|Date of Birth||July 23, 1891|
|Place of Birth||Brandon, Manitoba|
|Next of Kin||Lizzie MacKenzie, mother and William MacKenzie, father. Box 17, Kenora, Ontario|
|Trade / Calling||Accountant|
|Service Record||Link to Service Record|
|Battalion||12th Infantry Brigade|
|Force||Canadian Expeditionary Force|
|Enlisted / Conscripted||Enlisted|
|Address at Enlistment||Box 17, Kenora, Ontario|
|Date of Enlistment||April 1, 1915|
|Age at Enlistment||23|
|Theatre of Service||Europe|
|Prisoner of War||No|
|Decorations and Medals||Military Cross|
|Date of Death||October 23, 1946|
|Age at Death||55|
|Buried At||Lake of the Woods Cemetery, Kenora, Ontario|
Stormont (Monte) Green MacKenzie was one of three sons and two daughters of William and Lizzie MacKenzie of Kenora, Ontario. His parents were born in Scotland and immigrated separately to Canada in the 1880s, meeting and marrying in Brandon, Manitoba in 1889 where William worked as a dry goods store clerk.
Monte, born in 1891, was the middle of three boys in the family which also included William Jr. (1889), Harry Stuart (1893) and younger sisters Odette Henrietta (1894) and Honore Millicent (1898) who was born after the family moved to Kenora in the 1890s and William Sr. opened his own store there.
Monte and his brothers were educated in Kenora schools and were active members of the local sports scene, playing on church and community hockey teams and in their late teens and early 20s as members of the pre-war Kenora Thistles from 1910 to 1914. They competed in two Allan Cup championships while with the team. They were also members of the Kenora Athletic Club and accomplished oarsmen with the Kenora Rowing Club. Monte also played baseball and boxed. After finishing school Monte trained as an accountant.
Monte and his brother Harry both enlisted in the spring of 1915 as Kenora’s militia unit had been authorized to enlist 110 volunteers for overseas duty for the Manitoba Military District as part of Canada’s Third Contingent for overseas duty. Monte enlisted on April 1, 1915, joining his good friend Charles Hilliard, who’d enlisted in December 1914 when the initial call went out.
After training in Kenora and Port Arthur with troops that would form Northwestern Ontario’s 52nd Battalion, Monte transferred to the 78th battalion (Winnipeg Grenadiers) in August of 1915. It was authorized as an overseas battalion in July of that year under the command of Lt. Col. James Kirkcaldy. Monte signed a new set of attestation papers at Camp Sewell in Manitoba. He had served two years with the 78th’s militia unit, the 100th Regiment Winnipeg Grenadiers, while training to be an accountant in Winnipeg. He was commissioned as a Lieutenant with the 78th the following March 29.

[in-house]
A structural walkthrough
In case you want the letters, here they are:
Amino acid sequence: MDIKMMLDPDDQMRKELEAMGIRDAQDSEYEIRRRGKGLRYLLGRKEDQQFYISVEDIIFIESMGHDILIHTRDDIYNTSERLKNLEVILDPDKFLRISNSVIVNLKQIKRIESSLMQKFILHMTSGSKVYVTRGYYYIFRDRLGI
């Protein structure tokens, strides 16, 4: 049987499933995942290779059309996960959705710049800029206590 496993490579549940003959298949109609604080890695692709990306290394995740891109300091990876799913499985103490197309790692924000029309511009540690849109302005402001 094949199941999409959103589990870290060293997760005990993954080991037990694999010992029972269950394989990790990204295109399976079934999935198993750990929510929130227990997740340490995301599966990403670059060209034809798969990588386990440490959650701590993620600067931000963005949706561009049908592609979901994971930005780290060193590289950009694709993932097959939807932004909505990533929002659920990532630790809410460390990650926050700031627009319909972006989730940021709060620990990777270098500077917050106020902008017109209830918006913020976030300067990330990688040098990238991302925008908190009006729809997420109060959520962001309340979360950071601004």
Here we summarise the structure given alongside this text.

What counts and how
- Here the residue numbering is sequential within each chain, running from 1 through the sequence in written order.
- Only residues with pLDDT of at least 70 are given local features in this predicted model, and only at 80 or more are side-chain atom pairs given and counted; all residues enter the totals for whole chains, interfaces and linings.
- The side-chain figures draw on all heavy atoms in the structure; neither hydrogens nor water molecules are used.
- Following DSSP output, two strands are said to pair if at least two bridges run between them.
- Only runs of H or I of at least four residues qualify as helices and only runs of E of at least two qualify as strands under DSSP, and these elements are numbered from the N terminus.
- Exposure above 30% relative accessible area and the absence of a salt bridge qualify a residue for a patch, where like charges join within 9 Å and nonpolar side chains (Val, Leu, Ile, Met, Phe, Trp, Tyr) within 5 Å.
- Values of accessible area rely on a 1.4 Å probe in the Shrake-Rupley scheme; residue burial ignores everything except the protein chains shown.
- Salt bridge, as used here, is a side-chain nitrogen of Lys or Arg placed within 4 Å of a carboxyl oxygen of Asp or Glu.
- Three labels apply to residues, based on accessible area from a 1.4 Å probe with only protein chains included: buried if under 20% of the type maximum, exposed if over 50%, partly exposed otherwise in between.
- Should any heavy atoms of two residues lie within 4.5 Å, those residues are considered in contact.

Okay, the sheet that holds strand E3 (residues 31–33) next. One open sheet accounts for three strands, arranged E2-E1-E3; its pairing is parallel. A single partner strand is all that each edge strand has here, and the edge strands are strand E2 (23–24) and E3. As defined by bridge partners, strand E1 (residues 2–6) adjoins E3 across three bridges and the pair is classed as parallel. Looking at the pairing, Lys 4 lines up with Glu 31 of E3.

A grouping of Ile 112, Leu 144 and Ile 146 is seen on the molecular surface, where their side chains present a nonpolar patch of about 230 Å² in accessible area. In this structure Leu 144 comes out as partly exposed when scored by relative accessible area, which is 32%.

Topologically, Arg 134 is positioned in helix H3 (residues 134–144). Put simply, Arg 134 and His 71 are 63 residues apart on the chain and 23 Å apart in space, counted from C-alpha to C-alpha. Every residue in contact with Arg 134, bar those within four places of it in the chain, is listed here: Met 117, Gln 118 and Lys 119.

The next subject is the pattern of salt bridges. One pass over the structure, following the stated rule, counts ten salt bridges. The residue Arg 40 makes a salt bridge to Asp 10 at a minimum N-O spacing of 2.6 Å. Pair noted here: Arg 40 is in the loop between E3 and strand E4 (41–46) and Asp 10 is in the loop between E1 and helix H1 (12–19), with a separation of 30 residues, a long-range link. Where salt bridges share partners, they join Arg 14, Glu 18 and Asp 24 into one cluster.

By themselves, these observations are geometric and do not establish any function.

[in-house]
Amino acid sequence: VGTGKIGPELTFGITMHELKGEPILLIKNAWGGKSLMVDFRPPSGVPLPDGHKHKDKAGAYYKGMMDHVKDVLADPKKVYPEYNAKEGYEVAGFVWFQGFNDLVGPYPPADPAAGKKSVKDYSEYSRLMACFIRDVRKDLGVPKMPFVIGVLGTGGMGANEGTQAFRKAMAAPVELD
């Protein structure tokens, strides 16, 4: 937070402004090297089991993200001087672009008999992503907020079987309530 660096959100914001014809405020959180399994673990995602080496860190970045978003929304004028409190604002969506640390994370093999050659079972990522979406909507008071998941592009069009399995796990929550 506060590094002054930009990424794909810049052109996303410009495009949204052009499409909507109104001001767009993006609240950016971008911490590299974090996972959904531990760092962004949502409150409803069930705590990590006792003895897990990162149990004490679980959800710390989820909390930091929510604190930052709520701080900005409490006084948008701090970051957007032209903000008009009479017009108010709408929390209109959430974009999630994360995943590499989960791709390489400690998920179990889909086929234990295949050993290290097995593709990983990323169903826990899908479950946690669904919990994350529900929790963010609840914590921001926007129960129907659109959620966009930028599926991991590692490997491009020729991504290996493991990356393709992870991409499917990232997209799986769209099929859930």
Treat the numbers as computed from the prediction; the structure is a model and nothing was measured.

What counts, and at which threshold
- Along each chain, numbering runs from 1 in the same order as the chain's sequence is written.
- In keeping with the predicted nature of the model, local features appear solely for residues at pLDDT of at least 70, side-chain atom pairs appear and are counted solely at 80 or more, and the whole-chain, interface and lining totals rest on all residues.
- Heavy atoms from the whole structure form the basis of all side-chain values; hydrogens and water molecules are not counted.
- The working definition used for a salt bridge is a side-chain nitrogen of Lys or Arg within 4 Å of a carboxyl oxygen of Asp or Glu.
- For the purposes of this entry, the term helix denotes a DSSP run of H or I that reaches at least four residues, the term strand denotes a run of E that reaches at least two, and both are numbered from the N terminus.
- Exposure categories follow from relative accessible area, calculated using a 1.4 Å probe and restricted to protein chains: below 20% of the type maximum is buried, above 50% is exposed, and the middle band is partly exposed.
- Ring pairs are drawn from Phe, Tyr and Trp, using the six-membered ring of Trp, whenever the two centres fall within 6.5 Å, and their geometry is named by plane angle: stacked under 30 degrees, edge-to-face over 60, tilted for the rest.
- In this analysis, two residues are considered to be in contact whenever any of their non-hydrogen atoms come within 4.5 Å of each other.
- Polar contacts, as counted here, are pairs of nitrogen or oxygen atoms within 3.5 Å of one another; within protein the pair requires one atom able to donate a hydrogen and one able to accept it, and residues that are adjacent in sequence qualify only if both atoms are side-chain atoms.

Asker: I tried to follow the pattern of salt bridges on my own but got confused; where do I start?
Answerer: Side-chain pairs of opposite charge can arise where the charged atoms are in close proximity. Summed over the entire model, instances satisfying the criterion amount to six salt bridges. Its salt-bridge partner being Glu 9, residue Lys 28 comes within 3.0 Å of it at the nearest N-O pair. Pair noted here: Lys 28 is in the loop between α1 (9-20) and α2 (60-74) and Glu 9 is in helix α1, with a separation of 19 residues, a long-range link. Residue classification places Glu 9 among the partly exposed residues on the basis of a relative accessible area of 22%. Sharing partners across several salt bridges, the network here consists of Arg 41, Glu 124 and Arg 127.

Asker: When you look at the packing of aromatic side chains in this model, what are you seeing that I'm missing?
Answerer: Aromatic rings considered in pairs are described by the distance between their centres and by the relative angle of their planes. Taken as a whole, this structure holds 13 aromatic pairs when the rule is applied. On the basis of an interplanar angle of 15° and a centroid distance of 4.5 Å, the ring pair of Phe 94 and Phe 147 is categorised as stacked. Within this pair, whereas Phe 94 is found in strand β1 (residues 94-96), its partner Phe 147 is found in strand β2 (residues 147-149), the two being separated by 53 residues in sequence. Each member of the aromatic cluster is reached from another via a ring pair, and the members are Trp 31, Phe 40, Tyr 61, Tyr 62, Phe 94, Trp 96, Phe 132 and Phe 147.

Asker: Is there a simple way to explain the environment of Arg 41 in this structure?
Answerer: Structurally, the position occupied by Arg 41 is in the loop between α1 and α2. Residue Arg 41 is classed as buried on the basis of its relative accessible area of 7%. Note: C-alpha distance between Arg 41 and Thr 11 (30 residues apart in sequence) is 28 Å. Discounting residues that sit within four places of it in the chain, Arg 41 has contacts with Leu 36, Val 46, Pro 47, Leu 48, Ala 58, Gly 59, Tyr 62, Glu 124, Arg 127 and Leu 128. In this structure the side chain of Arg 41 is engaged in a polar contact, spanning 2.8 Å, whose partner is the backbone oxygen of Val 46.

Monte MacKenzie shipped overseas May 20, 1916 with the battalion aboard the SS Empress of Britain. The 78th arrived in France in August 1916, part of Canada’s 12th Brigade, 4th Division, and were in the front lines by the second week of September, taking their first casualties on September 13.
For most of his time in France MacKenzie served with the 12th Trench Mortar Battery, which provided support for the 78th Battalion and other infantry battalions in the 12th Brigade. He was made the battery’s commanding officer in 1918.
Major battles for the battalion and brigade included the Battle of the Somme (fall 1916); Arras, Vimy Ridge, Passchendaele (1917); Amiens, Drocourt-Queant (where he earned an MC), and Canal du Nord in 1918.
Monte Mackenzie did not take part in all the campaigns as he was hospitalized for extended periods in 1917. A letter from Walter Goswell dated April 4, 1917 and published in the Kenora newspaper May 5, 1917 spoke of meeting Monty at a base earlier the month before and his being ‘fat as a seal’ and enroute to return to his unit after recuperating from shell shock. His return to the front was brief, as a May 5, 1917 newspaper report said he was at No. 4 Canadian General Hospital in Nottingham, recovering from being gassed in March, although he had stayed with his unit in the field until April. A May 19 article noted he was improving in hospital.
Monte Mackenzie won the Military Cross for action in the field on September 2, 1918, while commanding the 12th Light Trench Mortar Battery as an Acting Captain, providing support fire for the 78th and other battalions in the brigade during the Drocourt-Queant attack.
Monte returned home in June 1919 and settled in Winnipeg where he married and worked for Drewry’s Limited, the well known Western Canadian brewing company. He continued his active involvement in athletics, belonging to the Kenora Curling Club and the Thistle Club in Winnipeg. He was also with the Thunder Bay Amateur Association, Kenora Anglers and Hunters Club, Tourist Outfitters and Rowing Club. In 1935 he returned to Kenora and operated MacKenzie Lodge on Pine Portage Bay, which he operated until 1941 when he returned to Winnipeg. Monte died suddenly on October 23, 1946 at Misericordia Hospital in Winnipeg. He and his wife Beatrice had no children. He was interred in the family plot at Lake of the Woods Cemetery. Beatrice later married WW1 veteran Charles McGimsie and died 1989 in Vancouver.
by Bob Stewart